Europe’s Most Historical Capitals

One of the most favourable things about travelling is being able to explore the history of the place you are in. Not only can it help us understand what life was like back when, but how it came to be what it is in this moment in time. If you plan to visit Europe’s most historical capitals, make sure your passport is valid and that you take you valid EHIC card with you to avoid facing costly bills if you require urgent medical treatment whilst overseas. Please visit www.ehiccardrenewal.co.uk to renew your card today! Explore just five of Europe’s most historical capitals below:

Athens, Greece

Athens has played one of the biggest roles in shaping the Western world into what it is now. In ancient times, the Greeks lived in city states that had their own laws, government and currency but shared the same religion and language. Two of the most famous involve Athens and Sparta. Lucky for us, Athens was home to a number of writers and artists whose work is still available to see today. Athens was also the biggest and the most powerful state. It was and still is a city home to breath-taking buildings, boutique-like shops and public baths.

London, United Kingdom

London is home to history of more than 2,000 years. But just how far does this incredible cities history go? Originally founded by the Romans in 50 AD, London is home to the most famous attraction; the Houses of Parliament. The Houses of Parliament were built in 1834 once a fire had destroyed many of the original buildings. 28 years later, London proudly opened the first ever underground railway, otherwise infamously known as The Tube.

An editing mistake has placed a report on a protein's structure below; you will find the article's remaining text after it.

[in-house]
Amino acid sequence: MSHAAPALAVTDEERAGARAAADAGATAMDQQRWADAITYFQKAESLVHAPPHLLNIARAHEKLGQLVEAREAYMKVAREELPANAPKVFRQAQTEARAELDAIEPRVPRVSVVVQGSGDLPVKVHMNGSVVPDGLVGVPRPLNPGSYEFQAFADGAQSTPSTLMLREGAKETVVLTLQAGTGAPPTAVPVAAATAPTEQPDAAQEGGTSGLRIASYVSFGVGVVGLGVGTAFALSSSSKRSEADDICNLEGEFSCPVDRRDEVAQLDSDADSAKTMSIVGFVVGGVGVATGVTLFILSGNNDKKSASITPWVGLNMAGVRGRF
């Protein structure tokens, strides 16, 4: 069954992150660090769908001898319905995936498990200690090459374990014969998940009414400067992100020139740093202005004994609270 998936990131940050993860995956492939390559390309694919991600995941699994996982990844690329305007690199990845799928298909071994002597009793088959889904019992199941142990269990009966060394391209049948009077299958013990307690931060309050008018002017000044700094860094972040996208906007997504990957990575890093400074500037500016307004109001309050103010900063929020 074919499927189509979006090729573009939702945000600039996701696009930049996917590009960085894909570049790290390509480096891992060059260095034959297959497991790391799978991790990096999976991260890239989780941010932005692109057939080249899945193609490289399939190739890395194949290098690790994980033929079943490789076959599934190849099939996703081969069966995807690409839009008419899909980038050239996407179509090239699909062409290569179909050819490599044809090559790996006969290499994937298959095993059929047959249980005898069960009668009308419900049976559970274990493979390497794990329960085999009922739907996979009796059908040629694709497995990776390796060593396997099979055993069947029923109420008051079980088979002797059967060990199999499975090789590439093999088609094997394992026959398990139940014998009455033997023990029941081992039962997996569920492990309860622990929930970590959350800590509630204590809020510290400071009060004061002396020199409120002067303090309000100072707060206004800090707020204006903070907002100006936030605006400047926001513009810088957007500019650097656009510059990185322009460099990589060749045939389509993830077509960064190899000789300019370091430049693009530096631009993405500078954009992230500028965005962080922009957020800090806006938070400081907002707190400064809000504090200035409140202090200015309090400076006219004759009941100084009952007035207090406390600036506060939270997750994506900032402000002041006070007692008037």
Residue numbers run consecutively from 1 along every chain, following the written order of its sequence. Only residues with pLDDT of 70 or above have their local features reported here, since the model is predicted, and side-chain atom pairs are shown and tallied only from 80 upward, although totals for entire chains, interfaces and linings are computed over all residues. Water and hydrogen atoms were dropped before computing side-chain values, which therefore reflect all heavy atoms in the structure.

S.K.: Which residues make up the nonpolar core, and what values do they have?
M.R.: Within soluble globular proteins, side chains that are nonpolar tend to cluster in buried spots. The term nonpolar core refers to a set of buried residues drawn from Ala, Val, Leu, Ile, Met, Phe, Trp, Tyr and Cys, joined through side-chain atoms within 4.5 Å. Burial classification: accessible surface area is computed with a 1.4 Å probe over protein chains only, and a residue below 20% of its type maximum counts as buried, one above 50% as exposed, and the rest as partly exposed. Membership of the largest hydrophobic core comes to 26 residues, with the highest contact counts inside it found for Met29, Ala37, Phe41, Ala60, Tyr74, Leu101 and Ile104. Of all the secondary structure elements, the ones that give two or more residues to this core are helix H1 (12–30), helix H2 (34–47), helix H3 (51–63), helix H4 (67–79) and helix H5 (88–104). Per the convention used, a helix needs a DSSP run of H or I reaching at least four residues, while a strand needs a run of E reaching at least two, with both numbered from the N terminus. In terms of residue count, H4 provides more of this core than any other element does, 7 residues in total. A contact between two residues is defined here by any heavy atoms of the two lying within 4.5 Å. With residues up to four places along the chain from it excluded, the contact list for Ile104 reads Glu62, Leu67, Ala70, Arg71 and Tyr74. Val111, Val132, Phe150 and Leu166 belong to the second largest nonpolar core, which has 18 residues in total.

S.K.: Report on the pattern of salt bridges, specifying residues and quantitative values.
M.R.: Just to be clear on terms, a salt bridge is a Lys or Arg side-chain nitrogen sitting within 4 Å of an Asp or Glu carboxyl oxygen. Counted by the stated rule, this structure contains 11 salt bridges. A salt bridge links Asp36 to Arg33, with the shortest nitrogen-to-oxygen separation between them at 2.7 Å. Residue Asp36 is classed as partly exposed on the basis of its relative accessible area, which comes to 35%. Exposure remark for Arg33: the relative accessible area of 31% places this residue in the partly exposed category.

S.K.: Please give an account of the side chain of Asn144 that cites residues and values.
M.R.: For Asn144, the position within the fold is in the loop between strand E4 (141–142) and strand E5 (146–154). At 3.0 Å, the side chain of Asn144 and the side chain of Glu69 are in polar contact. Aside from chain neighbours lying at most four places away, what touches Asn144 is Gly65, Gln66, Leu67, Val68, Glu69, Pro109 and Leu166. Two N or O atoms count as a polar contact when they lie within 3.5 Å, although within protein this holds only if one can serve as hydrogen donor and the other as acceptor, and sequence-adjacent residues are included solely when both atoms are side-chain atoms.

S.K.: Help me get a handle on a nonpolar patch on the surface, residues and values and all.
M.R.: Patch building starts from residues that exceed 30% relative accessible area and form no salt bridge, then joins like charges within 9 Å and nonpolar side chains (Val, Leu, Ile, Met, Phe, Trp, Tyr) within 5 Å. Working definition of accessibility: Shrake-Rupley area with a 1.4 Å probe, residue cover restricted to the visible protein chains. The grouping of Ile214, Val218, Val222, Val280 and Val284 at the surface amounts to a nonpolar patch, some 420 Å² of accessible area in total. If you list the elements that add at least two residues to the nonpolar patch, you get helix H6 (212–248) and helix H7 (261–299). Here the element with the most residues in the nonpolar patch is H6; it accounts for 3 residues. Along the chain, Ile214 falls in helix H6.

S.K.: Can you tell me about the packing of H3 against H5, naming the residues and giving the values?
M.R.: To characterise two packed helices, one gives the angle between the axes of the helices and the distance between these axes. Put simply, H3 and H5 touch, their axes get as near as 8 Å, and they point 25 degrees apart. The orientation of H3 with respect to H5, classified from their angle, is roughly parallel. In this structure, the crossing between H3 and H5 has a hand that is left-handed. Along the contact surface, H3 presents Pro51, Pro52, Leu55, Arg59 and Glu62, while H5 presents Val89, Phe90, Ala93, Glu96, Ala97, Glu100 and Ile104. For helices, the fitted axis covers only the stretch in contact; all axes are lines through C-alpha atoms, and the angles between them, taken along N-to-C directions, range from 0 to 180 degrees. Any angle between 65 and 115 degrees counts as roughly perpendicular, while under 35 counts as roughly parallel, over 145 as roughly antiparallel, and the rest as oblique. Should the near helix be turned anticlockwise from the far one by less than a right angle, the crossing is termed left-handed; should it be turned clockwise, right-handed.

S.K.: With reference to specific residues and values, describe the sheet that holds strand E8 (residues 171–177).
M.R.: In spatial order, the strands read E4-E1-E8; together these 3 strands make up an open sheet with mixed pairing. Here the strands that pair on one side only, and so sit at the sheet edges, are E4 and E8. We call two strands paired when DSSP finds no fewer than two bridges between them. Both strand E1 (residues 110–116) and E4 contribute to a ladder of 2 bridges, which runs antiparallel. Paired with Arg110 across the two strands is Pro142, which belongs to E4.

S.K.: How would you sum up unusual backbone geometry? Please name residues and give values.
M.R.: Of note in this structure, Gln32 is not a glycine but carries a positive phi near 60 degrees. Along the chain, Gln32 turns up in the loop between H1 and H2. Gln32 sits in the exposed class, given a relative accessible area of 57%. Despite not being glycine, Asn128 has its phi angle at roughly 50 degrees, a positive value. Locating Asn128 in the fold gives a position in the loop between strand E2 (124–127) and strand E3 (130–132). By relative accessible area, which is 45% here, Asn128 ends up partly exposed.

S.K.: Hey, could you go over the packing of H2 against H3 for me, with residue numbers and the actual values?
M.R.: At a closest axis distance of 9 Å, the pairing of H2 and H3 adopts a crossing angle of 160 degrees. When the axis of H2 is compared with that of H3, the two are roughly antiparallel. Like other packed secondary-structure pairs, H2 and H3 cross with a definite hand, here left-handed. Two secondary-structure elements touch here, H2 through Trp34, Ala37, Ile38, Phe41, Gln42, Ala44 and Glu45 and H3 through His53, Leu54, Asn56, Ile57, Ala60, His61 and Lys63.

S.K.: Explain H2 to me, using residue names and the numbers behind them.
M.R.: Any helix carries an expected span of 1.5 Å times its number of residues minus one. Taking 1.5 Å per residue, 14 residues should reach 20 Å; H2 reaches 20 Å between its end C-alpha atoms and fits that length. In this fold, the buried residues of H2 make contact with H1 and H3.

Prague, Czech Republic

Prague is one of the best historically preserved cities found in Europe that offer a different perspective to what life was like in the middle ages. The bohemian-rich city was originally home to a large Jewish community that had a vast monastic revenant. In the amazing city, you can also find one of the oldest working astronomical clocks in the world as well as the symbol of the Czech State; the Prague Castle. You can also explore the tavern where Pilsner beer, a type of pale lager, was first made.

Berlin, Germany

Once the capital of Nazi Germany and famously parted down the middle during the Cold War, Berlin is one of the most interesting cities you can explore in Europe. You feel more than you see as you wander down the streets and get lost in its perfunctory mood but it’s also Berlin’s culture and nightlife which has made the city so famous today.

Istanbul, Turkey

Constantinople was the capital of the Byzantine Empire after the fall of Rome and was a notable stop in the Silk Roads due to its ideal location situated between the East and the West. You won’t be lost for reminders of each element of its history since it can be seen throughout the city, mostly because a large part of it has been preserved. This includes the Hagia Sophia, Once a church under the Byzantine Empire; the Hagia Sophia was converted into a mosque and is now a museum.

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